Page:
Public schools serve the 99 Percent, but in too many places these days, the powerful forces that drive education policy are the One Percent.
The campaign for Question 2, on the ballot this fall in Massachusetts, is a case in point. If Question 2 passes, it will lift a legislative cap on the number of new charter schools that can be started up each year. As Charles Pierce explains, in a critique for Esquire, “If Massachusetts has done charters better than, say, Ohio or Florida, it is because the state has exercised… excellent rigorous oversight… and the cap has been an essential part of that oversight. The current campaign to eliminate the cap is not being done to benefit poor children. It is being waged to benefit the charter school industry, which wants to demolish… excellent, rigorous oversight….”
When Families for Excellent Schools (FES), an example of the new kind of IRS-defined “social welfare agency,” came to Massachusetts from New York in 2014, Jobs with Justice Massachusetts explained: “Unfortunately, we may never know exactly how much money Wall Street is pumping into FES. By taking advantage of its dual 501(c)(3) and 501(c)(4) structure, FES skirts political lobbying disclosure laws to ensure its donors remain largely anonymous.” Families for Excellent Schools is one of those “dark money” groups that wield enormous political power while claiming to promote social welfare. It began as a promoter of charter schools in New York City but has now expanded into New England.
Investment to promote Question 2 is lavish. Jonathan Pelto, a Connecticut blogger, reports that “the charter school industry is on track to dump up to $18 million into a record breaking campaign….” The Boston Globe identifies five organizations underwriting it. None of them is required transparently to list its donors:
- “Families for Excellent Schools Advocacy is chaired by Paul Applebaum, principal of Rock Ventures LLC, an investment firm in New York.
- “Education Reform Now Advocacy is an arm of Education Reform Now, a national organization that promotes charter schools. According to 2014 tax records, the most recent available, the president is Joe Williams, a former director of Democrats for Education Reform, and the policy director is Charles Barone, another staffer at that organization.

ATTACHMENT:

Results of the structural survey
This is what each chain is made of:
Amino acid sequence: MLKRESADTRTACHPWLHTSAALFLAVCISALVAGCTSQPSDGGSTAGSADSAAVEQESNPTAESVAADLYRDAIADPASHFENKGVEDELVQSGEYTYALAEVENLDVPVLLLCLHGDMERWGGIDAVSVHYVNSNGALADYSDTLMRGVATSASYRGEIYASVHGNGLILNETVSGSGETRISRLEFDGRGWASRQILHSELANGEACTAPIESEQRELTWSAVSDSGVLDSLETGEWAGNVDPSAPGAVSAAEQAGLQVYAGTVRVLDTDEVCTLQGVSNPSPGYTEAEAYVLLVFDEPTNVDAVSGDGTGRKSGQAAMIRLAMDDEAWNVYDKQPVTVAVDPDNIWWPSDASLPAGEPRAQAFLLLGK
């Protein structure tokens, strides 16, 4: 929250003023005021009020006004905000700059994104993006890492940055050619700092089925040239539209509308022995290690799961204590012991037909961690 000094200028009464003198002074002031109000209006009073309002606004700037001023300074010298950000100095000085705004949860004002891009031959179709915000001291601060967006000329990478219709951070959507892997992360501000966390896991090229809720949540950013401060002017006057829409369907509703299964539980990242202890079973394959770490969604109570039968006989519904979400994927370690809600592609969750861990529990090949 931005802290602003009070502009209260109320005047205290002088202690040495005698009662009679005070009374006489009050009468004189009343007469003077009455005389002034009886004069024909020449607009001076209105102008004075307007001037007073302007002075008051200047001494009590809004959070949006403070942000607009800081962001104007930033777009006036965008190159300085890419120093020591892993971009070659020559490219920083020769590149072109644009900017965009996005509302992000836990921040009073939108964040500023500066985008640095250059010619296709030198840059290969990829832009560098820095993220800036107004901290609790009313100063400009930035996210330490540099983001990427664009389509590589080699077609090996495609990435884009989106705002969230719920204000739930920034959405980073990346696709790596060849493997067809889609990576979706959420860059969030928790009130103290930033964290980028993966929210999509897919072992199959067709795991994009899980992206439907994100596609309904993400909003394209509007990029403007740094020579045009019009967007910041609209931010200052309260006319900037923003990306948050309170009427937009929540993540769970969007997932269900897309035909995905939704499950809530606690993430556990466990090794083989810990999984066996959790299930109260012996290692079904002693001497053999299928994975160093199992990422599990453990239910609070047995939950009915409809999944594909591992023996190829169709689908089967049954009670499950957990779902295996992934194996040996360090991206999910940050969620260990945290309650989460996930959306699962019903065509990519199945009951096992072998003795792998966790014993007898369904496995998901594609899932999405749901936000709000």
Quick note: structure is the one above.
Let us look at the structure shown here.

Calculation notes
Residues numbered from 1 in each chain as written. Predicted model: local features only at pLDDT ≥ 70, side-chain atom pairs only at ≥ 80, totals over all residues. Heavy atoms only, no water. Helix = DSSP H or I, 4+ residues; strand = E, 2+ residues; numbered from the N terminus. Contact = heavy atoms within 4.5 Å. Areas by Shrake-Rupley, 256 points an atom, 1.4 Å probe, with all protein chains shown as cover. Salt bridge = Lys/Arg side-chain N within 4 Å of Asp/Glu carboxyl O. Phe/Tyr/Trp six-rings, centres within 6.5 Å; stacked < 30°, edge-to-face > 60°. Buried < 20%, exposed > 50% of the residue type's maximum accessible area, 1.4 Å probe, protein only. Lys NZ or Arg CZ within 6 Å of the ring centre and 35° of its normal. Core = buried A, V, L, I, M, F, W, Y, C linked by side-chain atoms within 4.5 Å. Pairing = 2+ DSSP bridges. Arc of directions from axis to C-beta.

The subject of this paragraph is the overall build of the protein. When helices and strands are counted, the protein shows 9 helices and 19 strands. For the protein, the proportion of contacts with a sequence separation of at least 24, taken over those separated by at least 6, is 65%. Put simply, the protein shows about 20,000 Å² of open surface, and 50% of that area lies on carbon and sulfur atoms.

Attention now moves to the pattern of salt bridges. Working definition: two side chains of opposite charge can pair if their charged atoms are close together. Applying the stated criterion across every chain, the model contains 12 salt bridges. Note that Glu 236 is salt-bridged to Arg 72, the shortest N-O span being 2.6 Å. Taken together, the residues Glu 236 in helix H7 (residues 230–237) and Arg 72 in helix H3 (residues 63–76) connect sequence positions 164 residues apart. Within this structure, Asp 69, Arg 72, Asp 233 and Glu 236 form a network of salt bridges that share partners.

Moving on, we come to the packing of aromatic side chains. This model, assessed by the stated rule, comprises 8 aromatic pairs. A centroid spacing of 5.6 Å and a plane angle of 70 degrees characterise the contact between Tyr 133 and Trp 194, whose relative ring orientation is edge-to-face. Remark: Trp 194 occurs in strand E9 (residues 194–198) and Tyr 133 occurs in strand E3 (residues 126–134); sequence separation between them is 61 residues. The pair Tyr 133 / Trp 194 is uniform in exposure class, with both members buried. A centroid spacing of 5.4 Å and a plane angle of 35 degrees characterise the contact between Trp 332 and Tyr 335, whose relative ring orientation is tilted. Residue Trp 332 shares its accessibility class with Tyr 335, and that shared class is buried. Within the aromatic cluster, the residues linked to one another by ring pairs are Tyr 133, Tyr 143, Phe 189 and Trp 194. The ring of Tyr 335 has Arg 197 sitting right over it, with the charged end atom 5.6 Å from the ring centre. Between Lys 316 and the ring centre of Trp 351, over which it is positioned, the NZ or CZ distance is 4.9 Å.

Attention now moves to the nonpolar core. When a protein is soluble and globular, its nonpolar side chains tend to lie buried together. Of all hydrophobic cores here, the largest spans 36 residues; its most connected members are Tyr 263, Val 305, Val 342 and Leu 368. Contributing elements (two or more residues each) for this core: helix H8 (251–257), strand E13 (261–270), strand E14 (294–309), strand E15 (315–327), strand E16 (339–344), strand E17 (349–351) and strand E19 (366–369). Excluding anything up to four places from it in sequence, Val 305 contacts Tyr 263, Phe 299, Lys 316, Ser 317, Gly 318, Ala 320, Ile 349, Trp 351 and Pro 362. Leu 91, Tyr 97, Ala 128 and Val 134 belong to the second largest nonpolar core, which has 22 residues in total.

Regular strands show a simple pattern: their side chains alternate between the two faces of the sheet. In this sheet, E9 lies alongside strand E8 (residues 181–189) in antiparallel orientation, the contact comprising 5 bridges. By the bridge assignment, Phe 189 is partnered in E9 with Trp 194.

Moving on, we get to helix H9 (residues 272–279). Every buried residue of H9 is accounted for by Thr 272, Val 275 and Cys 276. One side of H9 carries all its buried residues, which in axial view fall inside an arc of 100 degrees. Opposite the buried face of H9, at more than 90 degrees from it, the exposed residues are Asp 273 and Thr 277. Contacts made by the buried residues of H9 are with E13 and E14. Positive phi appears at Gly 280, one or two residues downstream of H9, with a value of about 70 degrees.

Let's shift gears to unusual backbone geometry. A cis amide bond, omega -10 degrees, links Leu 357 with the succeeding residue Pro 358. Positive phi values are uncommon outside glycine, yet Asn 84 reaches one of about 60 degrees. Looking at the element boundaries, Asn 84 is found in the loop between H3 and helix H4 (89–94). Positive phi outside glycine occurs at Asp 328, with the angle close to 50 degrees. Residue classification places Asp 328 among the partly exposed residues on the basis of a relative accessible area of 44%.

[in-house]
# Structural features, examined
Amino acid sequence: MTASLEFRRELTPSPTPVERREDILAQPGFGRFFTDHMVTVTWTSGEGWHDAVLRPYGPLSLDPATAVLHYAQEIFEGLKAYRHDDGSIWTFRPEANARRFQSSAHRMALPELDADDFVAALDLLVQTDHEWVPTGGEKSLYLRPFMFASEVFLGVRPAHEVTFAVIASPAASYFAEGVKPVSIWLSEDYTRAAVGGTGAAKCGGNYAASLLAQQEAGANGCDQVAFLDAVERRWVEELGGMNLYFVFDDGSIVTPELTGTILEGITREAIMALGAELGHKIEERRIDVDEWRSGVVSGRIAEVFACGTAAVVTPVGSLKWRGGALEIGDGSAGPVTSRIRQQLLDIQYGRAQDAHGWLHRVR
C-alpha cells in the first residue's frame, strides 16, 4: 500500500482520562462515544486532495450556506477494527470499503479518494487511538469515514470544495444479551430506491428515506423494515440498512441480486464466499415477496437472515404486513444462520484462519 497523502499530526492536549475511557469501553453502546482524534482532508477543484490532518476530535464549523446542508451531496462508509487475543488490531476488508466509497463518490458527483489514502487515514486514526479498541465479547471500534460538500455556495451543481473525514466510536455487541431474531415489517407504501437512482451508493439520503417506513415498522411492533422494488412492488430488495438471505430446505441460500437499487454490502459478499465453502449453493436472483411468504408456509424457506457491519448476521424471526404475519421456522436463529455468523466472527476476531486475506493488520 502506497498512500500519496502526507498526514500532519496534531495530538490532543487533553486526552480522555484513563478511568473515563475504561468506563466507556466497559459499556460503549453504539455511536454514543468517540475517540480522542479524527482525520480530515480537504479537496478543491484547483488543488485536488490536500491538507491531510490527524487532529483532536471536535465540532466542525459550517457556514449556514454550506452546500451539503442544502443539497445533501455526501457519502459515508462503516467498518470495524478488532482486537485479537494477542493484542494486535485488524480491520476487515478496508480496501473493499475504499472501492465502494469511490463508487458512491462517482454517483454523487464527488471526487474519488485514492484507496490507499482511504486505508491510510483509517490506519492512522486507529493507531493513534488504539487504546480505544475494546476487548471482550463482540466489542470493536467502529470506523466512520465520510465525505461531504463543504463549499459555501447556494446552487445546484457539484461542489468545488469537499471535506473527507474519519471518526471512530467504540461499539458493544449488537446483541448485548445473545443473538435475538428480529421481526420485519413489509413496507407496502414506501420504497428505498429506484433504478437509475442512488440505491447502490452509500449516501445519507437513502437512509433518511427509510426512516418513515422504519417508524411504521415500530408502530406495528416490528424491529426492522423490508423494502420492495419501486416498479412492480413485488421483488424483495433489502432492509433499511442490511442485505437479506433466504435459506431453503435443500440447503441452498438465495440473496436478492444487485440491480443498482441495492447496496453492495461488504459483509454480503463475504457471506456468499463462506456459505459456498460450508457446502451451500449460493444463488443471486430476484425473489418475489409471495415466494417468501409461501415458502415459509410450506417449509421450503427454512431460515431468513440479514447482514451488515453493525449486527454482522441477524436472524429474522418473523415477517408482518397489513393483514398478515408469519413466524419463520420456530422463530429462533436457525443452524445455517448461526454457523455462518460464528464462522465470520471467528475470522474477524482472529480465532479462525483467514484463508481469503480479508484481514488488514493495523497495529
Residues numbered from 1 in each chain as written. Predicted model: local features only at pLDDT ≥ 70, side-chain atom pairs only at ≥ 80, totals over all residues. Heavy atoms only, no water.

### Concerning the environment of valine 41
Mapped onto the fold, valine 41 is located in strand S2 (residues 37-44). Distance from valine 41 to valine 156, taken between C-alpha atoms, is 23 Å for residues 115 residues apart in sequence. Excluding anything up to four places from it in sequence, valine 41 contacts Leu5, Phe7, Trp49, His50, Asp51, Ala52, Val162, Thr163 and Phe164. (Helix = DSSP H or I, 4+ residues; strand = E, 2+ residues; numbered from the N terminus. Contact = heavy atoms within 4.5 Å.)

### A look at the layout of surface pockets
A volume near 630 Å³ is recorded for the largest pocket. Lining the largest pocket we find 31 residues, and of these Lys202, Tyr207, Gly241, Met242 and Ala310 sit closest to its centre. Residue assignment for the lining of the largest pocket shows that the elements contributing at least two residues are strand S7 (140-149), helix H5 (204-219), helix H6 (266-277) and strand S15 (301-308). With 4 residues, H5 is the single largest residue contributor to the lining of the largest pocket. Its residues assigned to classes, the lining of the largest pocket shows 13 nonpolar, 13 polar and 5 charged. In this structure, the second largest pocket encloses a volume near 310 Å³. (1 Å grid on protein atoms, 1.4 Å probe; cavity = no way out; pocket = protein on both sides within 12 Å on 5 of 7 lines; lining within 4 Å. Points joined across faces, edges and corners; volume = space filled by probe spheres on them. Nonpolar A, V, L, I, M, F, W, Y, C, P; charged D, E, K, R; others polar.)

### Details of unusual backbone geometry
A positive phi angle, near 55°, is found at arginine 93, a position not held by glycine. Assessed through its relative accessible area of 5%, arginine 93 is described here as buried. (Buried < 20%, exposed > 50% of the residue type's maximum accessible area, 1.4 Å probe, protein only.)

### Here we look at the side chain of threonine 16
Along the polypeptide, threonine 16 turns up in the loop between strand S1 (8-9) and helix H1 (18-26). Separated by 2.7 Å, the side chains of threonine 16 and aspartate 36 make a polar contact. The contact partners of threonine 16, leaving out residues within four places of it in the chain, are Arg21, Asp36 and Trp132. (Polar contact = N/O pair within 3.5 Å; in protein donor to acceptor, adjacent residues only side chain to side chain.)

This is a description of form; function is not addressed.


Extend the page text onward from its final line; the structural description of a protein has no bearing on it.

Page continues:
- “Strong Economy for Growth has been active in Republican politics.
- “Great Schools for Massachusetts‘ president is Jon Clark, codirector of operations of the Brooke Charter School network; the treasure is Christopher W. Collins, a cofounder of First Atlantic Capital….
- “Expanding Education Opportunities was set up July 1 by Bryan Jamele and Valerie Boyns, two employees oft the Massachusetts Competitive Partnership, which is regarded as the state’s most powerful private business group.”
Early in August, Maurice Cunningham, a professor of political science at the University of Massachusetts, Boston, reported on his own investigation of the dark money behind the $2.3 million television advertising campaign launched during coverage of the Olympics: “The first thing we see is that the ad was paid for by Great Schools Massachusetts, a ballot committee registered with the Massachusetts Office of Campaign and Political Finance. The top five contributors to the ballot committee are Great Schools for Massachusetts; Education Reform Now Advocacy; Expanding Education Opportunities; Families for Excellent Schools-Advocacy; and Strong Economy for Growth.” Through an extensive search of records of these organizations, he discovered: “There are a handful of wealthy families that are funding this… They’re out of Bain, they’re out of Blaupost, they’re out of High Fields Capital Management. Billionaire Seth Klarman, for example, has been described as the largest GOP donor in New England, and he gives a lot of money to free market, anti-government groups. Then on the campaign level, you have Republican strategist Will Keyser who certainly knows his stuff, and Jim Conroy… They know how to make something look like a grassroots campaign that really isn’t… No. There is no grassroots support behind this campaign whatsoever.”
Cunningham concludes: “I think it’s terrible for democracy. ‘Secretive cabal’ and democracy don’t go together—they just don’t. And if you say, ‘Let’s sacrifice democracy so we can have better schools,’ that imperils us going forward. Supreme Court justice Louis Brandeis once said that we have to make a choice: ‘We may have democracy, or we may have wealth concentrated in the hands of a few, but we can’t have both.’ To me this campaign is about democracy vs. unlimited wealth.”